Love them or hate them, it is painfully obvious that the New England Patriots have created a dynasty! In the last 18 years, they have made it to the Super Bowl 9 times – with 6 wins. That means that in less than two decades, the Patriots have been to and won more Super Bowls than all other teams have won in their entire existence. When an organization has this kind of sustained success, many people will take a look at what they are doing and try to replicate it, and in my truly unqualified opinion, I believe that it is due to their ability to cultivate players that they drafted late and motivate players to exceed their perceived value, which is something that many companies strive to do as well. In the last season, two of the leaders for the Patriots were their, first ballot hall of fame, quarterback and the most recent Super Bowl MVP, Julian Edelman.  Employees can learn alot from these two athletes.


Let’s start with Tom Brady. Most people know that he was taken in late in the draft, but some do not know exactly when he was taken at number 199. Every team in the league passed on him, not one time but 6. His draft profile was full of gems like “Poor build”, “Can’t drive the ball downfield” and “Lacks a really strong arm”. Heck, even his college coach refused to name Brady the starter in his senior season and continued to have him split duty as Quarterback.  Even the team that drafted him only really expected him to compete for a role on the practice squad. That did not happen though. Brady performed well in the preseason and was on the roster as a backup for Drew Bledsoe, and in week two of his rookie season, Bledsoe took a hit that sent him to the sidelines and Brady into the starting role. Brady was not supposed to be the starter for the Patriots, but when he was given the opportunity, he was prepared and took it!  Taking opportunities is something that many can use in their own career. In my career, there are opportunities available daily for me to prove my ability and further my career and success stories like Brady. He reminded me of what can be accomplished when you seize that chance.


Next, let’s take a look at this years Super Bowl MVP – Julian Edelman. Edelman was drafted as a 7th round Quarterback. He was taken in a year when the Brady had already established himself as the starter, and there was virtually no way that he would supplant him as the starter. Edelman was considered to be undersized and quickly converted to a specialist on the football field. He was utilized as a punt returner. He then continued to develop as a wide receiver. Again, this was a person that was drafted super late and considered someone that would not be a contributor on the field. Years later, he is now the top wide receiver on the team, and he owes that to his flexibility. What I take from that is, in every career, there are huge benefits in being flexible and utilizing your talents in a way that is unexpected. It definitely will take you out of your comfort zone, but it will get you noticed. With hard work and effort, you will achieve your goals.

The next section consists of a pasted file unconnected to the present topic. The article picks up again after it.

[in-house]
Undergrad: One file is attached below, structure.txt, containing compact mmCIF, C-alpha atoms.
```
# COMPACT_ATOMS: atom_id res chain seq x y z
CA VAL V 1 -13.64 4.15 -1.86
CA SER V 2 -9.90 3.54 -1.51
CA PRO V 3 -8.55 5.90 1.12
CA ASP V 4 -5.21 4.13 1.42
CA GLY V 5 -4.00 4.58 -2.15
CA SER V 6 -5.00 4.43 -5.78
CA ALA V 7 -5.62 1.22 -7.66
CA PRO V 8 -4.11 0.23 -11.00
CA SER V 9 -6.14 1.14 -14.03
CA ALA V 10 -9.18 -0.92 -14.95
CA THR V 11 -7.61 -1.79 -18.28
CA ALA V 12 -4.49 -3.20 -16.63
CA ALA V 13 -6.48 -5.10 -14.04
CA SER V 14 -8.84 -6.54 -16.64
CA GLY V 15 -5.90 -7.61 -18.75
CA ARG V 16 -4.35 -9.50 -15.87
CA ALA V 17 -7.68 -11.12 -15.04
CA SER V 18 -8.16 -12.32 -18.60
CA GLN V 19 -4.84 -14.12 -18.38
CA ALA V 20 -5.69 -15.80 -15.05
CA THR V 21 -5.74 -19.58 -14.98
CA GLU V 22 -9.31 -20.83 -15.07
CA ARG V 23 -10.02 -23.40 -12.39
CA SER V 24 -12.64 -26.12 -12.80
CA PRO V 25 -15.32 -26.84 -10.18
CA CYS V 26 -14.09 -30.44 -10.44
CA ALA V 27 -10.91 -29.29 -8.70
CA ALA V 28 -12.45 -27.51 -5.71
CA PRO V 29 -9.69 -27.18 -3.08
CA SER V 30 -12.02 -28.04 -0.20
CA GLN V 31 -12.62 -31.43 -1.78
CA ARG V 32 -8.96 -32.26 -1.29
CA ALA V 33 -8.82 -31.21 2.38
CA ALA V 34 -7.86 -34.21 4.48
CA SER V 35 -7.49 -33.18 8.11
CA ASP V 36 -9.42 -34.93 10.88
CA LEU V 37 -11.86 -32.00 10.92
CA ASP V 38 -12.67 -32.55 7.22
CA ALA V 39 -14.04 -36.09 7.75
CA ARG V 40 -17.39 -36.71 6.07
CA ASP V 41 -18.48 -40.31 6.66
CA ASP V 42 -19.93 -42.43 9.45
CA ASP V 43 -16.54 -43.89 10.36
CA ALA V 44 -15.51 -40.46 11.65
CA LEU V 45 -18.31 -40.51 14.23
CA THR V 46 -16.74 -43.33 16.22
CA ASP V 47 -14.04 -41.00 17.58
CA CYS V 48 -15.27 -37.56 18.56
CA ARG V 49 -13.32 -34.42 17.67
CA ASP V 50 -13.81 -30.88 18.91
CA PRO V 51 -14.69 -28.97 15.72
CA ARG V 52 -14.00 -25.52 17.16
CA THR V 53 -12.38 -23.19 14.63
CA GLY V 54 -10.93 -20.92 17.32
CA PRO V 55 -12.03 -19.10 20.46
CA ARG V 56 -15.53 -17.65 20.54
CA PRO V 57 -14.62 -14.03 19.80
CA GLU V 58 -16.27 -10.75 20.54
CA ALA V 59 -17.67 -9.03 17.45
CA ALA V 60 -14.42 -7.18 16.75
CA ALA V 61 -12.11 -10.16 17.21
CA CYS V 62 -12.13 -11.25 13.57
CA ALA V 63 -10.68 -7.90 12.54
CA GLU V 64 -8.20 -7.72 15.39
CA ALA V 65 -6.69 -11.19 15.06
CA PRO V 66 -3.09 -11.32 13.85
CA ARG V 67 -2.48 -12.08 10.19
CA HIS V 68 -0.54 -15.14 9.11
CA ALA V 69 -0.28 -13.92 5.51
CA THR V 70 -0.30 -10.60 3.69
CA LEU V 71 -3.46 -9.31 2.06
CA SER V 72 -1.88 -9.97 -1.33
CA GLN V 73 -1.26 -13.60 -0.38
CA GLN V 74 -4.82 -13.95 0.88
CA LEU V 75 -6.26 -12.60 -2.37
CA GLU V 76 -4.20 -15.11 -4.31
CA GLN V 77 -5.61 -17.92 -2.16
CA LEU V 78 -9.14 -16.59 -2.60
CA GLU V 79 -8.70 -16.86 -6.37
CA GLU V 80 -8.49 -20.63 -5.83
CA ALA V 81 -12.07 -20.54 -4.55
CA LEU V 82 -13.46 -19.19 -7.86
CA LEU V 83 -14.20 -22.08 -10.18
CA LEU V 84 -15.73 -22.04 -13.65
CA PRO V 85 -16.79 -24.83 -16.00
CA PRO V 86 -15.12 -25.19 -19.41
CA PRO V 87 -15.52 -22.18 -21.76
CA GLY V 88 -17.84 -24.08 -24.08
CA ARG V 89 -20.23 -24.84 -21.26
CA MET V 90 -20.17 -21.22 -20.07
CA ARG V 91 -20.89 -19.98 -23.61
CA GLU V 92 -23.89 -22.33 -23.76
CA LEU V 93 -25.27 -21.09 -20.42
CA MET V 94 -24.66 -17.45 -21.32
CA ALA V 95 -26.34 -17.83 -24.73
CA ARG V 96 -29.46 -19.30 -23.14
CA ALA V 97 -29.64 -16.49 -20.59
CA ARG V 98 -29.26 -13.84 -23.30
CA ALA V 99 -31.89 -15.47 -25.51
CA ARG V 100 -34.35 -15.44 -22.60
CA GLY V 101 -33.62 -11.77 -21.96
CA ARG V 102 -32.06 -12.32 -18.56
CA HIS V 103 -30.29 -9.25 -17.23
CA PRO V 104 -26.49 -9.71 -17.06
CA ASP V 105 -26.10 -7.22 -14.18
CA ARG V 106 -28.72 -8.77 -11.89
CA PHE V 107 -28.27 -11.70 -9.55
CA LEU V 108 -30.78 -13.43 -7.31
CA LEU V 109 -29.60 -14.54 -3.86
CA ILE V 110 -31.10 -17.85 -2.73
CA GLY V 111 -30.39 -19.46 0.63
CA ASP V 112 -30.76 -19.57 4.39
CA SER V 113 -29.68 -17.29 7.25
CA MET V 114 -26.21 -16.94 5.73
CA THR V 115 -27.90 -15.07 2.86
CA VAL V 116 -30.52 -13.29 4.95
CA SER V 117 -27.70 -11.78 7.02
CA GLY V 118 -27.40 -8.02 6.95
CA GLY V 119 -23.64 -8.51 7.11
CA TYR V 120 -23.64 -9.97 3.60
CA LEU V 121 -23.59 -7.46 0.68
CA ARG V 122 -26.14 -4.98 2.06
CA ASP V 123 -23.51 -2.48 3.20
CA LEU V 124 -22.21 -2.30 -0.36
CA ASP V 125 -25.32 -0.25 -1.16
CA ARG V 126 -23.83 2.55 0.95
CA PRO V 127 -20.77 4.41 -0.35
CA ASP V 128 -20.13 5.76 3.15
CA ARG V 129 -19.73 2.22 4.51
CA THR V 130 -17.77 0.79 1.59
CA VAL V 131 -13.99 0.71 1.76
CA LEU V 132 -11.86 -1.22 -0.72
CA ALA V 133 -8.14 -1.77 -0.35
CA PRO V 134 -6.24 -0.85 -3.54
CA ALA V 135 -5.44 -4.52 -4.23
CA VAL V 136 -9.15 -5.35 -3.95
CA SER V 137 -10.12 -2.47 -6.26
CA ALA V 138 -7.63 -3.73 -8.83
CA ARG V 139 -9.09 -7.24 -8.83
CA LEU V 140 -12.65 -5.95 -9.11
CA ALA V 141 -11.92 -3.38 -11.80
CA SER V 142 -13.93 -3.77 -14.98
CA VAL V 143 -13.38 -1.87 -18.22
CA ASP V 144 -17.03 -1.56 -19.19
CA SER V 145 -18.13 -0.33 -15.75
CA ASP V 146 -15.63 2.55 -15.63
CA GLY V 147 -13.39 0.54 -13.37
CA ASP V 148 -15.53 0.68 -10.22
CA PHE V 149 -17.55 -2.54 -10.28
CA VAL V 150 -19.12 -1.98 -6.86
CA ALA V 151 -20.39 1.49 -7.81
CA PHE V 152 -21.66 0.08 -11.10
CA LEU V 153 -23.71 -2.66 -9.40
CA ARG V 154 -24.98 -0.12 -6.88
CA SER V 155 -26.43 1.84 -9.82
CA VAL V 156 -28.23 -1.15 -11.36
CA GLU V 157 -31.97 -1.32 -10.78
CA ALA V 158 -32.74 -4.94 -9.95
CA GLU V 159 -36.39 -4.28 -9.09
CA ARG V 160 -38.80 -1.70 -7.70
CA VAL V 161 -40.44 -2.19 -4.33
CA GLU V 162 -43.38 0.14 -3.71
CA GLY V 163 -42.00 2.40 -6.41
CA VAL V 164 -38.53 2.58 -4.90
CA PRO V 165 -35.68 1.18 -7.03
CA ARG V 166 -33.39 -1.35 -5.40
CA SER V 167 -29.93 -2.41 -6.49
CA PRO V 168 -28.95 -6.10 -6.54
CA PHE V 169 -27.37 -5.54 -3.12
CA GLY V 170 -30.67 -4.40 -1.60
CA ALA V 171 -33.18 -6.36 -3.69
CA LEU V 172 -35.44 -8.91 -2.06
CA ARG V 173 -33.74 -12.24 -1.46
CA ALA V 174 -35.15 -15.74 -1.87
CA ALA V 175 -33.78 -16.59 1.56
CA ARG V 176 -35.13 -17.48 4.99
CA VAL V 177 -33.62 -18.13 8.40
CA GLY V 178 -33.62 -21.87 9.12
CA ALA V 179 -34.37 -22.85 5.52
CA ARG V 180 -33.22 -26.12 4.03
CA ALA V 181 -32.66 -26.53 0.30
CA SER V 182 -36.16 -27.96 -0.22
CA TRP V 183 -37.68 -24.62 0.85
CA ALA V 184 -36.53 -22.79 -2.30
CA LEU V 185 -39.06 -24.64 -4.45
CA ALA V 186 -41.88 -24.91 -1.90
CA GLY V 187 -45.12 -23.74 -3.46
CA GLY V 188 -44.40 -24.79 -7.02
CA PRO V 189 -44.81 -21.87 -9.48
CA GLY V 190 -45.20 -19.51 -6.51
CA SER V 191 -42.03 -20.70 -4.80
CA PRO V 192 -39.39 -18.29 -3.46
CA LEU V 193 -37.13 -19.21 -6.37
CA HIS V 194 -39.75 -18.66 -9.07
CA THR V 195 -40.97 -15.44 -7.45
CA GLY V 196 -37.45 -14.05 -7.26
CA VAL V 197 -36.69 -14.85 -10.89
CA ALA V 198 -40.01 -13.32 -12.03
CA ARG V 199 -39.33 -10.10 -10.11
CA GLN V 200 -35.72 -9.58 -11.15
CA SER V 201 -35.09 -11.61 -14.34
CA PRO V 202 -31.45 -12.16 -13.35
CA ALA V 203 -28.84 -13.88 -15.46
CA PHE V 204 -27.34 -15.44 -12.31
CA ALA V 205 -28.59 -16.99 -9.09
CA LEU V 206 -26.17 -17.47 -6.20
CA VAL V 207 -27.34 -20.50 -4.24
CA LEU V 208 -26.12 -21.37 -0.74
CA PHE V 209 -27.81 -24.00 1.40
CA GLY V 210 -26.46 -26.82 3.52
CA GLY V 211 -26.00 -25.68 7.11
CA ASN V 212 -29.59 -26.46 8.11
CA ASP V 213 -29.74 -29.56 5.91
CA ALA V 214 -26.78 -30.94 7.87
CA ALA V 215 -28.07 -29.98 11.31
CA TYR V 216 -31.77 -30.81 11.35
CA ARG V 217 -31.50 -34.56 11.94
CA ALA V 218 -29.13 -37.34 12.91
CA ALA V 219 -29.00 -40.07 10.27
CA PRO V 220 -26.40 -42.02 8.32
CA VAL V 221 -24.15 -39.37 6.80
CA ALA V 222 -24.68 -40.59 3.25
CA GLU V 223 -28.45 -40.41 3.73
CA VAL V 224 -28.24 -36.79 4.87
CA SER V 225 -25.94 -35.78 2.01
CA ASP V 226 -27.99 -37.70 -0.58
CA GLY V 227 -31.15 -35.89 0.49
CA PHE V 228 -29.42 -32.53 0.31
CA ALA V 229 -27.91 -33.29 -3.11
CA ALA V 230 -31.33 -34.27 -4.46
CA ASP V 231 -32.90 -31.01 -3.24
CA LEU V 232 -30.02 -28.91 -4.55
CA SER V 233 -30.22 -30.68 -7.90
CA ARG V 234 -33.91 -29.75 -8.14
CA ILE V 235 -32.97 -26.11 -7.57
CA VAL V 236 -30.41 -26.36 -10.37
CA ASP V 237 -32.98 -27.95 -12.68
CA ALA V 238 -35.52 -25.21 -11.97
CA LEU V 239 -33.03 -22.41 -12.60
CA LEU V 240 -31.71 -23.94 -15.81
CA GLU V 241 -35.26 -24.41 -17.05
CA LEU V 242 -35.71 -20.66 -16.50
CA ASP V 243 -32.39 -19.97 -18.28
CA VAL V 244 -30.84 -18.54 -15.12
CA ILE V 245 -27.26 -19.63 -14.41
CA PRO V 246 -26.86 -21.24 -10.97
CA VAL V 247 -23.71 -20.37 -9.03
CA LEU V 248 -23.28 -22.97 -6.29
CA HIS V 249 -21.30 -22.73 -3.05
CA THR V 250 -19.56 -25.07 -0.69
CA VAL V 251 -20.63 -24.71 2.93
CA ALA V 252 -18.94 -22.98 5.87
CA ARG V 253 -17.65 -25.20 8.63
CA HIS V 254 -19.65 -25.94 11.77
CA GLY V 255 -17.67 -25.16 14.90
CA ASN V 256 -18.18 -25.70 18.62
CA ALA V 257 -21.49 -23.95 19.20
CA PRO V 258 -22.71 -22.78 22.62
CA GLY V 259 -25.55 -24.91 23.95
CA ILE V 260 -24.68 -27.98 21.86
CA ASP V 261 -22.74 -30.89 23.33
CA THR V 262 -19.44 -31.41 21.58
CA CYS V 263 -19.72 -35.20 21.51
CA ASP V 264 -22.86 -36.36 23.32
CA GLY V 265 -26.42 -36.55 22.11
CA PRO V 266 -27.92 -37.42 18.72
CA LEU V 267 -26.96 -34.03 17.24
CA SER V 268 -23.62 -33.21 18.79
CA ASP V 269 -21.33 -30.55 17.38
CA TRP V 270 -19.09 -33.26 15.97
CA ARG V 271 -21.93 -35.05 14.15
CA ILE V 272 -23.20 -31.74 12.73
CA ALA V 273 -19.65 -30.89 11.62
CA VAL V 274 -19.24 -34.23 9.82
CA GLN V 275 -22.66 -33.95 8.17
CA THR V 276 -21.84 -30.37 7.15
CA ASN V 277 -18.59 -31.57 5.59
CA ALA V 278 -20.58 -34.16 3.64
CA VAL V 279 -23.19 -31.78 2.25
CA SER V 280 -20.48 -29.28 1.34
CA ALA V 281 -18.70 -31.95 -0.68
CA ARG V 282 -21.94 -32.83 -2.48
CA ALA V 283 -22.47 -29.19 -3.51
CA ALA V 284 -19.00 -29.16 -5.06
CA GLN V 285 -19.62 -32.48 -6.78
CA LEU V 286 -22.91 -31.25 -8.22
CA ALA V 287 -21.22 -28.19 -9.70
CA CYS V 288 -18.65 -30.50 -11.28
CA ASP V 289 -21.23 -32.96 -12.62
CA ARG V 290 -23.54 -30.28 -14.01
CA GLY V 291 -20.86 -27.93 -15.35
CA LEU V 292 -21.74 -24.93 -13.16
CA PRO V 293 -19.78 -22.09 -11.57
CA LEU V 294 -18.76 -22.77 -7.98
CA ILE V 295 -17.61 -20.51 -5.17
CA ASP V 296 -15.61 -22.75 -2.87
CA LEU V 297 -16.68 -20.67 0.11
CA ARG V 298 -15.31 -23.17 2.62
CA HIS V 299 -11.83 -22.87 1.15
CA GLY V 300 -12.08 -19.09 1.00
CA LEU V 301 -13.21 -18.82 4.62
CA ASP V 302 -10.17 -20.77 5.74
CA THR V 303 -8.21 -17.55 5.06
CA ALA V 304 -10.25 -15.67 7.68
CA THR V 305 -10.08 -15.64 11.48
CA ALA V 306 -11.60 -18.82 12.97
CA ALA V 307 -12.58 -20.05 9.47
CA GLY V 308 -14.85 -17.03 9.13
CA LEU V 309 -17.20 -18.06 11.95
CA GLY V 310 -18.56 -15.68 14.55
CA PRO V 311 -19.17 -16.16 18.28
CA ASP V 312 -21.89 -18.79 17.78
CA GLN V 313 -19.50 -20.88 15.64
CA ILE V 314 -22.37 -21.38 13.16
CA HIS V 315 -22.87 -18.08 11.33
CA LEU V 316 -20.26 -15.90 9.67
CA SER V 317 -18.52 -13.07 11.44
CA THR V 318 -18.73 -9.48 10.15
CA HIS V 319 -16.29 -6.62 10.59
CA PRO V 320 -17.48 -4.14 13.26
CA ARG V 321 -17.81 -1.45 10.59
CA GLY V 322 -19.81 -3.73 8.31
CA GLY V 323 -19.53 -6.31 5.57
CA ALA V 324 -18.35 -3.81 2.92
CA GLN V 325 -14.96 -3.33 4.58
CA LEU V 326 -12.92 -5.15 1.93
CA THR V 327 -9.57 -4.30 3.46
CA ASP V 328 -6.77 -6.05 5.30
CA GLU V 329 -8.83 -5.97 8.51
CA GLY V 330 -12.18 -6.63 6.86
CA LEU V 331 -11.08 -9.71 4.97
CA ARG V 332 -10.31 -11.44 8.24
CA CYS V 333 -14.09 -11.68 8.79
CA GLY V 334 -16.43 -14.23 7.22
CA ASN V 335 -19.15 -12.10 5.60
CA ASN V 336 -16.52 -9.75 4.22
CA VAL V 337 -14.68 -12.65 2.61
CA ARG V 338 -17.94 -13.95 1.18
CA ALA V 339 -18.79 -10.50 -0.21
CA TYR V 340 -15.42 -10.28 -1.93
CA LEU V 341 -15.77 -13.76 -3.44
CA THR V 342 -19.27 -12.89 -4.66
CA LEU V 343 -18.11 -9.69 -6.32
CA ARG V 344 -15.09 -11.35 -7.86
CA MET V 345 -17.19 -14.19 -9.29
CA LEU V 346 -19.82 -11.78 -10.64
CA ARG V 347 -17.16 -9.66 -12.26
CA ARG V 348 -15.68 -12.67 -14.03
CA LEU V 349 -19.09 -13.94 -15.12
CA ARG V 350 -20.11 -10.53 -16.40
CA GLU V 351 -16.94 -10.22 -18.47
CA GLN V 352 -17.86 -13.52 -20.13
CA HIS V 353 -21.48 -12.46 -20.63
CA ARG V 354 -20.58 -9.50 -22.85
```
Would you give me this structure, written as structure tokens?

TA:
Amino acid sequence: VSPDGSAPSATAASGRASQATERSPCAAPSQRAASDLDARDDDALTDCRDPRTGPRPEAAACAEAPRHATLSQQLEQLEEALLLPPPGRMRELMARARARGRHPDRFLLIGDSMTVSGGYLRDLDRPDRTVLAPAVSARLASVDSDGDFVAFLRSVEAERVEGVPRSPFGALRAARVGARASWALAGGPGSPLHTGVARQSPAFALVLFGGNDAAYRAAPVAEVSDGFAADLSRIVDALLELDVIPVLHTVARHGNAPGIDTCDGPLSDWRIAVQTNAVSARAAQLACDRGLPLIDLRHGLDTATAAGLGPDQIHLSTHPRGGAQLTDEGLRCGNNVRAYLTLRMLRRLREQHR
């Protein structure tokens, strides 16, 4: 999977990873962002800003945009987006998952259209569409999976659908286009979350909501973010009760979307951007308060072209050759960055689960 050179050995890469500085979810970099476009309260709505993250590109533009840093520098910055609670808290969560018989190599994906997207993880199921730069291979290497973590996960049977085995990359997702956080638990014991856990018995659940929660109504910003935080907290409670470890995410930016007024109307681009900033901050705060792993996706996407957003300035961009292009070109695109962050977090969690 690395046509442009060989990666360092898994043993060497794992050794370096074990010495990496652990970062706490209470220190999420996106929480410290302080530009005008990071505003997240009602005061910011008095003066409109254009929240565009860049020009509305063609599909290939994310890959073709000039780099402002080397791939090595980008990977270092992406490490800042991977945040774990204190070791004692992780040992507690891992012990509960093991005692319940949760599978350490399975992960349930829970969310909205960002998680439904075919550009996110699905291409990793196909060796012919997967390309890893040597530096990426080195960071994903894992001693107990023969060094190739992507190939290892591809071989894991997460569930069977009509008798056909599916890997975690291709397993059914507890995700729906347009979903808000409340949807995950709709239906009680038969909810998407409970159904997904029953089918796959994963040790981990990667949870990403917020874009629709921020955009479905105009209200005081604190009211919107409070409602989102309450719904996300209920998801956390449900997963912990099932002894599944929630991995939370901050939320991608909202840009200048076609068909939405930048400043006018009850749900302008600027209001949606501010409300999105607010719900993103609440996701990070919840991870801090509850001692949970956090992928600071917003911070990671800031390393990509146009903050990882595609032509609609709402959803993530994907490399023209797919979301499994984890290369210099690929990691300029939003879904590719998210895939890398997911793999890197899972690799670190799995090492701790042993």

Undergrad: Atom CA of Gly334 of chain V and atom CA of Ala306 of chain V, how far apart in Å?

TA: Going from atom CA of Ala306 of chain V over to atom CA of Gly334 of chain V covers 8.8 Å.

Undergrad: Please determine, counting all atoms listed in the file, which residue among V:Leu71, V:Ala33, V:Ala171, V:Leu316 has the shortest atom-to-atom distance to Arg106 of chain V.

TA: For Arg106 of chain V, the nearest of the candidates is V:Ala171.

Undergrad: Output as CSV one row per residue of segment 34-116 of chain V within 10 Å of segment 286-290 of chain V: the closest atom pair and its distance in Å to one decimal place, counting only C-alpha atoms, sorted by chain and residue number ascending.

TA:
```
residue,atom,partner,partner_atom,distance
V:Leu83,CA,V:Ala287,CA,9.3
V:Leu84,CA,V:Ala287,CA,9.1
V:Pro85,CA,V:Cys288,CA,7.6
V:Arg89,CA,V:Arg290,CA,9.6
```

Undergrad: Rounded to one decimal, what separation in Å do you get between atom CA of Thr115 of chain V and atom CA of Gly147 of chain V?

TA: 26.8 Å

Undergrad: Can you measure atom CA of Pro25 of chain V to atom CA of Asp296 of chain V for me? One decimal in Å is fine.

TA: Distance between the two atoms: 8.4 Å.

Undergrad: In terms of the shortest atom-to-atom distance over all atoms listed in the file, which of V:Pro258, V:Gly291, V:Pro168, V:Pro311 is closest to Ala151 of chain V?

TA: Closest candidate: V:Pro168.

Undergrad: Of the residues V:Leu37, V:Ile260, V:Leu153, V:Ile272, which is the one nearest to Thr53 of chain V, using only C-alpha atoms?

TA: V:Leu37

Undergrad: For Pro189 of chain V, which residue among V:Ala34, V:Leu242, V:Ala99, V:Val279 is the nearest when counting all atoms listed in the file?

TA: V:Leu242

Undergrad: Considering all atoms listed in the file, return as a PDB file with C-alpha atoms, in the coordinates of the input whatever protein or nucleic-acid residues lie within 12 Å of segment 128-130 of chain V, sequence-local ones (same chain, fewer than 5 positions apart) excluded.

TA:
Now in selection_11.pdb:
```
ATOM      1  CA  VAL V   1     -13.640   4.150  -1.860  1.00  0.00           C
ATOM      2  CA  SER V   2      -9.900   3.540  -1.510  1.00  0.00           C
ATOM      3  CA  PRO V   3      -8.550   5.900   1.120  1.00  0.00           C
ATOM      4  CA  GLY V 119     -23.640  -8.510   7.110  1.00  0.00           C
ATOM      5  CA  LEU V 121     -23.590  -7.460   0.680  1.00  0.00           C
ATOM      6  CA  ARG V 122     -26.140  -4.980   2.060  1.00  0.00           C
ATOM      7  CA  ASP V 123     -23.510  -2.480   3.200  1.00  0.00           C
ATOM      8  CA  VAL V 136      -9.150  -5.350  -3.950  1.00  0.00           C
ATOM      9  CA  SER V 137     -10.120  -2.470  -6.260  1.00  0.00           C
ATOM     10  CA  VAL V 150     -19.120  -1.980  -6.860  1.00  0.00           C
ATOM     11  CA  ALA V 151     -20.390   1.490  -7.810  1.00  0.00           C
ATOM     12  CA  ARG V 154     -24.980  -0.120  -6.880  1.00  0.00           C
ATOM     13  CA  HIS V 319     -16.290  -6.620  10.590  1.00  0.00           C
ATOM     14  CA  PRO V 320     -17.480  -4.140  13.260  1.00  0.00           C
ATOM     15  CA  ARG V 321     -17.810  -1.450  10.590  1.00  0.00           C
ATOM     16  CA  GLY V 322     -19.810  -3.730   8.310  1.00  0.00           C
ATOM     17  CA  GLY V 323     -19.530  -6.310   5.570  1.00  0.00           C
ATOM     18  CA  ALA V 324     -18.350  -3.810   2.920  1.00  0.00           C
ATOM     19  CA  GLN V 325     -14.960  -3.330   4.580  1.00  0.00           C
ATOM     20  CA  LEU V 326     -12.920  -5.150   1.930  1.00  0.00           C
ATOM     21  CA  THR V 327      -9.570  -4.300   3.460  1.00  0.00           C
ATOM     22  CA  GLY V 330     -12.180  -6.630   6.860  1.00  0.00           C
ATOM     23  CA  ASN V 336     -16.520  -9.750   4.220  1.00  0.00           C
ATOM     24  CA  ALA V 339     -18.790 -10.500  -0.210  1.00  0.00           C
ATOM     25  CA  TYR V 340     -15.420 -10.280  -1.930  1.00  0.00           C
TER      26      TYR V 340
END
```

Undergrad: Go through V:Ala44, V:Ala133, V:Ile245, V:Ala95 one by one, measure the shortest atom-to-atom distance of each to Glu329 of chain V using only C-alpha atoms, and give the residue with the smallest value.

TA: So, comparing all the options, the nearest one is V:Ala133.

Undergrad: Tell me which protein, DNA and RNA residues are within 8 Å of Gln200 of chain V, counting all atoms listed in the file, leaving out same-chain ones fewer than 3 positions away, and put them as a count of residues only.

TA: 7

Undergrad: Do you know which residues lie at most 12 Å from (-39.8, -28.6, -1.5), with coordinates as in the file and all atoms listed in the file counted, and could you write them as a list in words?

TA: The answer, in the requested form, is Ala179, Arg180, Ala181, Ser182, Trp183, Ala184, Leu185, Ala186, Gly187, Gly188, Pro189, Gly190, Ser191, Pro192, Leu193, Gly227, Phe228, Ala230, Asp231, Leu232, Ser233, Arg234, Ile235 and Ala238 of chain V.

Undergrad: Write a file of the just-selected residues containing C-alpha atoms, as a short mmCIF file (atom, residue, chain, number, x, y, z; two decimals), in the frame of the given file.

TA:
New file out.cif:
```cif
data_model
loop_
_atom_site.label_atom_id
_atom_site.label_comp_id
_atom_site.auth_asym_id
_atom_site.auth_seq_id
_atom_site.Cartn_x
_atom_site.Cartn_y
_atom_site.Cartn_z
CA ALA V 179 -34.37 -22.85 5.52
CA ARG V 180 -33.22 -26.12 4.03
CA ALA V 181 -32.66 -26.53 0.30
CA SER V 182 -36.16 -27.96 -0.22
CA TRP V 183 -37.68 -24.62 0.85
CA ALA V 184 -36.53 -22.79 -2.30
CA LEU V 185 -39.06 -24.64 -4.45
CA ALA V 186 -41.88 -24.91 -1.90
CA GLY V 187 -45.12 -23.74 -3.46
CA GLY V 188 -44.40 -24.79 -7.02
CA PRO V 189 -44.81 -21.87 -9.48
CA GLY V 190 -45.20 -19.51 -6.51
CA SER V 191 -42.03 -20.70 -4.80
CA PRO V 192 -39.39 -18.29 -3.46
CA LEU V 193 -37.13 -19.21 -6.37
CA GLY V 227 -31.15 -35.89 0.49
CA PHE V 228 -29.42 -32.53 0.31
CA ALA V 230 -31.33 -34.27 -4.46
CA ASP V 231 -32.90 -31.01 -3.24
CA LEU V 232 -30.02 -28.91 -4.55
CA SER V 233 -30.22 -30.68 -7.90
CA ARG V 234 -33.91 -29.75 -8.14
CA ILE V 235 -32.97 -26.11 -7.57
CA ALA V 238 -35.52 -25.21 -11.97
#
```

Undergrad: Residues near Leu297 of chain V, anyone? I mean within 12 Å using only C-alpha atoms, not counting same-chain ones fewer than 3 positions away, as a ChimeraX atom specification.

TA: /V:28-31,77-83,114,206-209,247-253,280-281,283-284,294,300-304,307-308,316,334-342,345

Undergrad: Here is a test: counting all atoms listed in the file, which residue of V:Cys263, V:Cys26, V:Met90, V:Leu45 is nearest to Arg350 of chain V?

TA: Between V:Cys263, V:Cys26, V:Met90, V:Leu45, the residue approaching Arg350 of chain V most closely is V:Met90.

These two athletes are great examples of what employees need to do to promote themselves to the next level, and it goes without saying – you need to have someone in a leadership role that can cultivate that. In the case of the Patriots, that person is their head coach Bill Belichick. In nearly all aspects of life, if you have a goal there is no need to recreate the wheel. Someone, somewhere has developed a system that will get you what you want. If your goal is to be noticed and advance, take a page out of Brady and Edelman’s book, and be flexible and prepared to take your opportunities when they come!




About the Author…

Austin Ackerman is a Staffing Specialist at 4M HR Logistics. He has more than a decade of marketing and recruiting experience in the industrial and technical industries, working with clients in such disciplines as military, construction, engineering, manufacturing, logistics, and technology. He currently specializes in recruitment, marketing, and employer branding. Follow Austin on LinkedIn!


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